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Canadian universities are rushing to address critical shortage of student housing

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A hot rental market across Canada is squeezing postsecondary students, with universities and private companies trying to meet growing demand with a mini-boom in residence building.

Universities have been adding new residence spaces, with several new buildings either ready to open or under construction at Canadian campuses.

It’s one of the few levers that schools have to address the broader issue of rising rents and falling vacancy rates that are contributing to increasing costs for students. But residences take years to build and with most beds aimed at those in first year, much of the housing available to students off campus is dependent on dynamics in the private rental market.

More than 21,000 new residence spaces will be added to Canada’s 24 largest student markets by 2025, according to a report from real estate consultants Cushman & Wakefield. That would mean a 15-per-cent boost to the 145,000 residence beds available in those markets, the report said.

But the report suggests that the need for new units could still outstrip supply, particularly if international enrolments continue to grow.

It’s not just big cities where the issue is pressing.

The University of Prince Edward Island last week suggested that students who haven’t yet secured accommodation should not travel to the province and may want to consider deferring enrolment for a term. UPEI said its residence wait list was more than 400 people, with a new building not expected to be ready until 2023. The university said the wait list was longer than usual partly because more upper year students have opted to stay in residence, a knock-on effect of a tight rental market. The university appealed to the community to make rooms available for students, but it may not be enough.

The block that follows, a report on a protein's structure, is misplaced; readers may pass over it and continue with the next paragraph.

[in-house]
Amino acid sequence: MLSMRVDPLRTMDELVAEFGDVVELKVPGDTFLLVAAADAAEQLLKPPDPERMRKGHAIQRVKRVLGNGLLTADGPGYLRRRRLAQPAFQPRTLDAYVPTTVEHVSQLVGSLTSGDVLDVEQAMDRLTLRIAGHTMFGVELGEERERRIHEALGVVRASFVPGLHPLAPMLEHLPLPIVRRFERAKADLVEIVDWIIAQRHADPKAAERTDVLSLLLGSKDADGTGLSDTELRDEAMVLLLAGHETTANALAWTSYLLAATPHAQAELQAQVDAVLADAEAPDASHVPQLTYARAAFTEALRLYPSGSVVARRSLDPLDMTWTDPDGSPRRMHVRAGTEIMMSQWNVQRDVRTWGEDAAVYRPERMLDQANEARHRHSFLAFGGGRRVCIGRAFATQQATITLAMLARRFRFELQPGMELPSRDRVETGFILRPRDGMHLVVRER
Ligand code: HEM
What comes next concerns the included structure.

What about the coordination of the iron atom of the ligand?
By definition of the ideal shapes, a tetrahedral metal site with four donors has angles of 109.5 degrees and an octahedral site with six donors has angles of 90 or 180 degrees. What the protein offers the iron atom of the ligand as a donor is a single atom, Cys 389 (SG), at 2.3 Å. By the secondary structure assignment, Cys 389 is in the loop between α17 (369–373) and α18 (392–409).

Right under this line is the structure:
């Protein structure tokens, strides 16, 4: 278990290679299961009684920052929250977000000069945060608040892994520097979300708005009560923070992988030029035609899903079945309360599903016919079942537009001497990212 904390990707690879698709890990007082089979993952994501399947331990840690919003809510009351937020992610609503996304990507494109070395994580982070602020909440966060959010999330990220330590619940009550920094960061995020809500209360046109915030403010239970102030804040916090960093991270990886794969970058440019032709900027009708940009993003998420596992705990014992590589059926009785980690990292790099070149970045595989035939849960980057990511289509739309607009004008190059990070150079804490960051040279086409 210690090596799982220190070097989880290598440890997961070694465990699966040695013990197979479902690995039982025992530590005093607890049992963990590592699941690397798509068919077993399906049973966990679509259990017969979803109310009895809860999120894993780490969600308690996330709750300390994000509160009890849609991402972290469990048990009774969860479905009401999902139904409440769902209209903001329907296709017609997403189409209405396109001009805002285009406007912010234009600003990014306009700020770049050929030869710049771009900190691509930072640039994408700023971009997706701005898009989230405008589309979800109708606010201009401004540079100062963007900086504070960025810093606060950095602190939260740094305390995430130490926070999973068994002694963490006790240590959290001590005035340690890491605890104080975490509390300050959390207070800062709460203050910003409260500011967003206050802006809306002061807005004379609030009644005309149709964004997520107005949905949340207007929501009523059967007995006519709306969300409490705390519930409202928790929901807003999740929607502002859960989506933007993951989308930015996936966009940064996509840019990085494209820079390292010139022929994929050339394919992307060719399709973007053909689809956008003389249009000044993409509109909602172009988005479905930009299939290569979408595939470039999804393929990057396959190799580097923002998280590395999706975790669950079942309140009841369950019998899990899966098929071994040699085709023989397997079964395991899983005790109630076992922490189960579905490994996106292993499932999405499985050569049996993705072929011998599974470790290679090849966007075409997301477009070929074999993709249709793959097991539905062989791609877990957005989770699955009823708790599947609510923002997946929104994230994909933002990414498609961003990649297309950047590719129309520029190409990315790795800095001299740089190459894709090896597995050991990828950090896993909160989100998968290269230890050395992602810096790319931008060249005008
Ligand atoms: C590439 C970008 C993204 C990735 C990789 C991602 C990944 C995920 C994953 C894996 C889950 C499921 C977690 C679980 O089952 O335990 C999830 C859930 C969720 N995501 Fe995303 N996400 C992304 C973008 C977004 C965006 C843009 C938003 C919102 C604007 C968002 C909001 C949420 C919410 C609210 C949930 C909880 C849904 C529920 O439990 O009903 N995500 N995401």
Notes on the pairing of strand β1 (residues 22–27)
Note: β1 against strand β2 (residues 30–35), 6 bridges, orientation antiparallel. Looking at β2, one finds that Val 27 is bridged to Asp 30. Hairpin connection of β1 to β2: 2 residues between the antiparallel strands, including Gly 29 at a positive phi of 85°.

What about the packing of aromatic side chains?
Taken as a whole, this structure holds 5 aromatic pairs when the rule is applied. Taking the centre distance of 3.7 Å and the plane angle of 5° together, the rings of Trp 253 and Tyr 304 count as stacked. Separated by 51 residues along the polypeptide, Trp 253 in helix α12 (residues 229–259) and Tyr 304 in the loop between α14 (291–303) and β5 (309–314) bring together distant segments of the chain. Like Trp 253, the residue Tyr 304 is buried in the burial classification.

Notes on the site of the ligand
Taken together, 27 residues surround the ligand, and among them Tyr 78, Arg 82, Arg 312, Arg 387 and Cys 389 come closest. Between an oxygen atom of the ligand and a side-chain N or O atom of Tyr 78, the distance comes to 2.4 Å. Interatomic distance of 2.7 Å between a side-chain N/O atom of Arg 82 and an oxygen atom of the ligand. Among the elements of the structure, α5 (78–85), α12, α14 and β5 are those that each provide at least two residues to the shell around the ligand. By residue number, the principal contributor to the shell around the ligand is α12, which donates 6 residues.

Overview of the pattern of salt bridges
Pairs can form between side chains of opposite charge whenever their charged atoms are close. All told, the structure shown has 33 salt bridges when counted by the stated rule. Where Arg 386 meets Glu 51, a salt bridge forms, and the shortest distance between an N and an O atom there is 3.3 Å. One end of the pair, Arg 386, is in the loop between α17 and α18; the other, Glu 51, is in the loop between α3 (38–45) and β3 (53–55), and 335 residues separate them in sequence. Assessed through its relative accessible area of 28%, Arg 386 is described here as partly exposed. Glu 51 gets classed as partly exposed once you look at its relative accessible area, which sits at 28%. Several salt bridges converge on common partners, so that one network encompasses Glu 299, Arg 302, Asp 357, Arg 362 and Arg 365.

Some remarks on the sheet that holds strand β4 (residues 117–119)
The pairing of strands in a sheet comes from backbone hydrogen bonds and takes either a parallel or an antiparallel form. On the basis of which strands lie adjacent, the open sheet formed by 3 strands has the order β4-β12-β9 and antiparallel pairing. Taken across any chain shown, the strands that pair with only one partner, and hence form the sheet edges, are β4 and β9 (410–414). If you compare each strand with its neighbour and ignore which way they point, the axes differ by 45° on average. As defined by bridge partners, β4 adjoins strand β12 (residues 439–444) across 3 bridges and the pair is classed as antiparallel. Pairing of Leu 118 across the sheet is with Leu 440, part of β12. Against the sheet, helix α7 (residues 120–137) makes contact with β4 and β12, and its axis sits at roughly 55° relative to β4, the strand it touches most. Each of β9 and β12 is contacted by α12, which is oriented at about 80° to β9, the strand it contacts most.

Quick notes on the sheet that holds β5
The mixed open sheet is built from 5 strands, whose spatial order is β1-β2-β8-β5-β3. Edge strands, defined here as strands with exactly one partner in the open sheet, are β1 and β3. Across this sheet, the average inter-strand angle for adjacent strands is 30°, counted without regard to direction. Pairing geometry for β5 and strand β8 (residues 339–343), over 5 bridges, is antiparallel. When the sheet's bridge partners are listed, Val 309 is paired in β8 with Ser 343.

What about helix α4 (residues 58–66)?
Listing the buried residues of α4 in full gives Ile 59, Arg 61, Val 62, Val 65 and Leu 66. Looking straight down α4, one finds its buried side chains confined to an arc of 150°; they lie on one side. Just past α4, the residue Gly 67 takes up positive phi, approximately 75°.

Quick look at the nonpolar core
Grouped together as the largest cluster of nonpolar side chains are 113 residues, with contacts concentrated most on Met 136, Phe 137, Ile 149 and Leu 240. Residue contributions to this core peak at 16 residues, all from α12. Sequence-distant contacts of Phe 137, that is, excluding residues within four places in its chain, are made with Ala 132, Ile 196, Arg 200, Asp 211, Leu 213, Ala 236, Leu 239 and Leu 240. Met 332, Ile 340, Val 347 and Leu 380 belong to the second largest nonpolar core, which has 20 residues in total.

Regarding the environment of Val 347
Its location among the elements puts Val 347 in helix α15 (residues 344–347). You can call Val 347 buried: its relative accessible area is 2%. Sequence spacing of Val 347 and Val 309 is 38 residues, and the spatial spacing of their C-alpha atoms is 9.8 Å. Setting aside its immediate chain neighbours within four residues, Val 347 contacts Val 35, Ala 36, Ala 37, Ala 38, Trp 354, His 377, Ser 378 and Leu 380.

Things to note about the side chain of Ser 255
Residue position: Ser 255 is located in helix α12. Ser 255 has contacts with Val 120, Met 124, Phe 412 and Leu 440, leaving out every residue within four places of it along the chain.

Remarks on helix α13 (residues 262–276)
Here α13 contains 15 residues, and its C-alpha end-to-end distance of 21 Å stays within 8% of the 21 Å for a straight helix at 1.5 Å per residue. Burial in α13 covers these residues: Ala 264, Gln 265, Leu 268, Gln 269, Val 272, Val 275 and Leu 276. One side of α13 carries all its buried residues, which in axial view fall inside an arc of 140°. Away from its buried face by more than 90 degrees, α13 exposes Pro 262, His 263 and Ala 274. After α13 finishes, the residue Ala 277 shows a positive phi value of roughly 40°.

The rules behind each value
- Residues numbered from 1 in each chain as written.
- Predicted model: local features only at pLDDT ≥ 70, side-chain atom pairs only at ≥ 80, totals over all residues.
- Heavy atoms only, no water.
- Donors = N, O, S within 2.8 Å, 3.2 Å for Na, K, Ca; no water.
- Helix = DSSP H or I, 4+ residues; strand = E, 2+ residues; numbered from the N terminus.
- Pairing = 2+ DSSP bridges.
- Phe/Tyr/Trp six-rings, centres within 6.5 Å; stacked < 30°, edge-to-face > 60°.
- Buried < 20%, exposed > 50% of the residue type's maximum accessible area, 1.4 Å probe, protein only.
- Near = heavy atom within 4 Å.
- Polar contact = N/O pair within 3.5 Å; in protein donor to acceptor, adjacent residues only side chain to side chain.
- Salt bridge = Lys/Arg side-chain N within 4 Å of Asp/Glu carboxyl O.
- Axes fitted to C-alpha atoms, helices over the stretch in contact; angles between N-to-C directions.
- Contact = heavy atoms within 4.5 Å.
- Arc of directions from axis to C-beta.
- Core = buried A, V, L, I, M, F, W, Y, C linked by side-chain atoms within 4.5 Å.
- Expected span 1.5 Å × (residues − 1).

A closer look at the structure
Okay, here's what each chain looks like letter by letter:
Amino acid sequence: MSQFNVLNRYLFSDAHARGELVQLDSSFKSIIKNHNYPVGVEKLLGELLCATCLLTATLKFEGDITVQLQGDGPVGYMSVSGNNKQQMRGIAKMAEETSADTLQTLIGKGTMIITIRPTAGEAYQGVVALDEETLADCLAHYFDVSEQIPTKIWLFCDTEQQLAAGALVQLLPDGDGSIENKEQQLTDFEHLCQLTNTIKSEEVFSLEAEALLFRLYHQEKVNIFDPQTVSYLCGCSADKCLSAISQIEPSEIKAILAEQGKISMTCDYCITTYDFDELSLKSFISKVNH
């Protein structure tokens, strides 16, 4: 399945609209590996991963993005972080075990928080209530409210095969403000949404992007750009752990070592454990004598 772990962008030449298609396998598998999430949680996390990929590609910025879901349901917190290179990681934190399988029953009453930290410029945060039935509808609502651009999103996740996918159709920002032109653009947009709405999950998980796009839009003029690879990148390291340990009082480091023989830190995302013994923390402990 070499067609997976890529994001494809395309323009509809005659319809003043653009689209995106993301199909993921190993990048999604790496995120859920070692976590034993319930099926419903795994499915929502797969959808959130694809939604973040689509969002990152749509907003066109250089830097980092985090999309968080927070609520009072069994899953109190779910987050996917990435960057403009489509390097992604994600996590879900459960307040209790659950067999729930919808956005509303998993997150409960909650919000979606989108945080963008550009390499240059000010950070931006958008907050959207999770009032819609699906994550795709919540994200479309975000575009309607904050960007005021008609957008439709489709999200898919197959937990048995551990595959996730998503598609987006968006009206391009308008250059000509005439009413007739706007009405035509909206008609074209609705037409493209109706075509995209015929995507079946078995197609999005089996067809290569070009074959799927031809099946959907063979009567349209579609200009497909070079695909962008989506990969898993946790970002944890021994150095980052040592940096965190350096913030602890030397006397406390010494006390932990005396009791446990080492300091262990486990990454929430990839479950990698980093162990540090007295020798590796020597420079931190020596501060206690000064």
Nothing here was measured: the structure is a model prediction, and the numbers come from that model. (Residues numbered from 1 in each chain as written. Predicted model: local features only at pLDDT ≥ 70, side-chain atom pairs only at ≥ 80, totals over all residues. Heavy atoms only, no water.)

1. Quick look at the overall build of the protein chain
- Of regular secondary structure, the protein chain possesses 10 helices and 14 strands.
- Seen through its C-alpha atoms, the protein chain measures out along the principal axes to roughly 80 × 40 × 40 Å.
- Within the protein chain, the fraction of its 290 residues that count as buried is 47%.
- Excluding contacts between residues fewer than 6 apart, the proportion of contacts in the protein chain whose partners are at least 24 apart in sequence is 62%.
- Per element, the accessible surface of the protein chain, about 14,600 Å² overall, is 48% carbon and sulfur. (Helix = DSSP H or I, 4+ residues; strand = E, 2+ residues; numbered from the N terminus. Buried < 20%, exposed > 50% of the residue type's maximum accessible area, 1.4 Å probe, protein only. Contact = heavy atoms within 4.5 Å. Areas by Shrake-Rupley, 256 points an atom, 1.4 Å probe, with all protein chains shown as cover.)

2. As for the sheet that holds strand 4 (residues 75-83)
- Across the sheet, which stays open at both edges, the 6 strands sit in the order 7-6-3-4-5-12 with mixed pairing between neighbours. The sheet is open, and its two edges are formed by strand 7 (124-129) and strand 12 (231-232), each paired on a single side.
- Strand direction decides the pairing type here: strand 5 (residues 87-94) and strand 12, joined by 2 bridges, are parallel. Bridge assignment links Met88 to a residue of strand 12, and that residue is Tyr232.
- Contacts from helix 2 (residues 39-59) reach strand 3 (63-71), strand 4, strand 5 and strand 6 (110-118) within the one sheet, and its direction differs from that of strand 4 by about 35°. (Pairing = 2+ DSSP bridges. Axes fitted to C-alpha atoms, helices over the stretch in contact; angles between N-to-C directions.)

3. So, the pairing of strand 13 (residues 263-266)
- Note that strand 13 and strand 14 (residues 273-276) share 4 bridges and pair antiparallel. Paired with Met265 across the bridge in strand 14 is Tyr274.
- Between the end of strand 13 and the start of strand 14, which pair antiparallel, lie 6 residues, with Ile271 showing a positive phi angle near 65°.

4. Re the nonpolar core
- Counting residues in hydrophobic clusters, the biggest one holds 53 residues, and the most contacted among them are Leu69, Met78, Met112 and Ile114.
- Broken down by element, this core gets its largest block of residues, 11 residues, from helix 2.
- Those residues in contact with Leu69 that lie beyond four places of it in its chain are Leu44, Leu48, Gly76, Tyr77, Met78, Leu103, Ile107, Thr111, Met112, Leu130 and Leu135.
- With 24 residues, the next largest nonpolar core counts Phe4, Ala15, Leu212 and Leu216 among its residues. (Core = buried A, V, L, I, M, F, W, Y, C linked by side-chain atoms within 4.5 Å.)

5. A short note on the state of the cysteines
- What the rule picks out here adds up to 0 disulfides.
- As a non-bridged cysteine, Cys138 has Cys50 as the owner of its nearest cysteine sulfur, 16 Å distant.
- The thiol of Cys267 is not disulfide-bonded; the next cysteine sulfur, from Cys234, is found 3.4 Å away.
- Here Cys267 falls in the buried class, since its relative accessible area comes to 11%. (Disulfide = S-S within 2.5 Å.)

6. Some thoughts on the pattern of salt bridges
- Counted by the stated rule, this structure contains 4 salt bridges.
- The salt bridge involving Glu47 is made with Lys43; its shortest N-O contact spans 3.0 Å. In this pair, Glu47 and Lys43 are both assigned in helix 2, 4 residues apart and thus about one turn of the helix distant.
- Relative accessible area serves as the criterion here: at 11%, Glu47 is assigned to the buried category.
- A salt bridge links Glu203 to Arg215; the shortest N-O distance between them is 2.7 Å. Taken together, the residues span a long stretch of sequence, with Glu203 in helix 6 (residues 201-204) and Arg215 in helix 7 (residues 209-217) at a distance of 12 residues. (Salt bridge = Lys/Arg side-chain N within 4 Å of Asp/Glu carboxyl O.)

Administrators made the same pitch to local residents in Kelowna, where the University of British Columbia Okanagan campus is located. The university said it was turning to its neighbours and asking for help, as it urged people to rent out their vacant rooms, and a similar appeal went out from the University of Calgary students’ union.

McMaster University in Hamilton has had residence wait-lists in the range of 100 to 600 students in recent years, according to associate vice-president and dean of students Sean Van Koughnett. It is one of the few universities of its size that doesn’t offer a guaranteed residence place to first-year students.

The university is in the process of building two new residences in conjunction with a private company, Knightstone Capital, one with more than 600 beds aimed at graduate students and located a few kilometres from campus, and a second with more than 1,300 beds adjacent to campus. The new buildings will bring the university’s residence offerings to about 6,000, on a campus with more than 36,000 full-time students.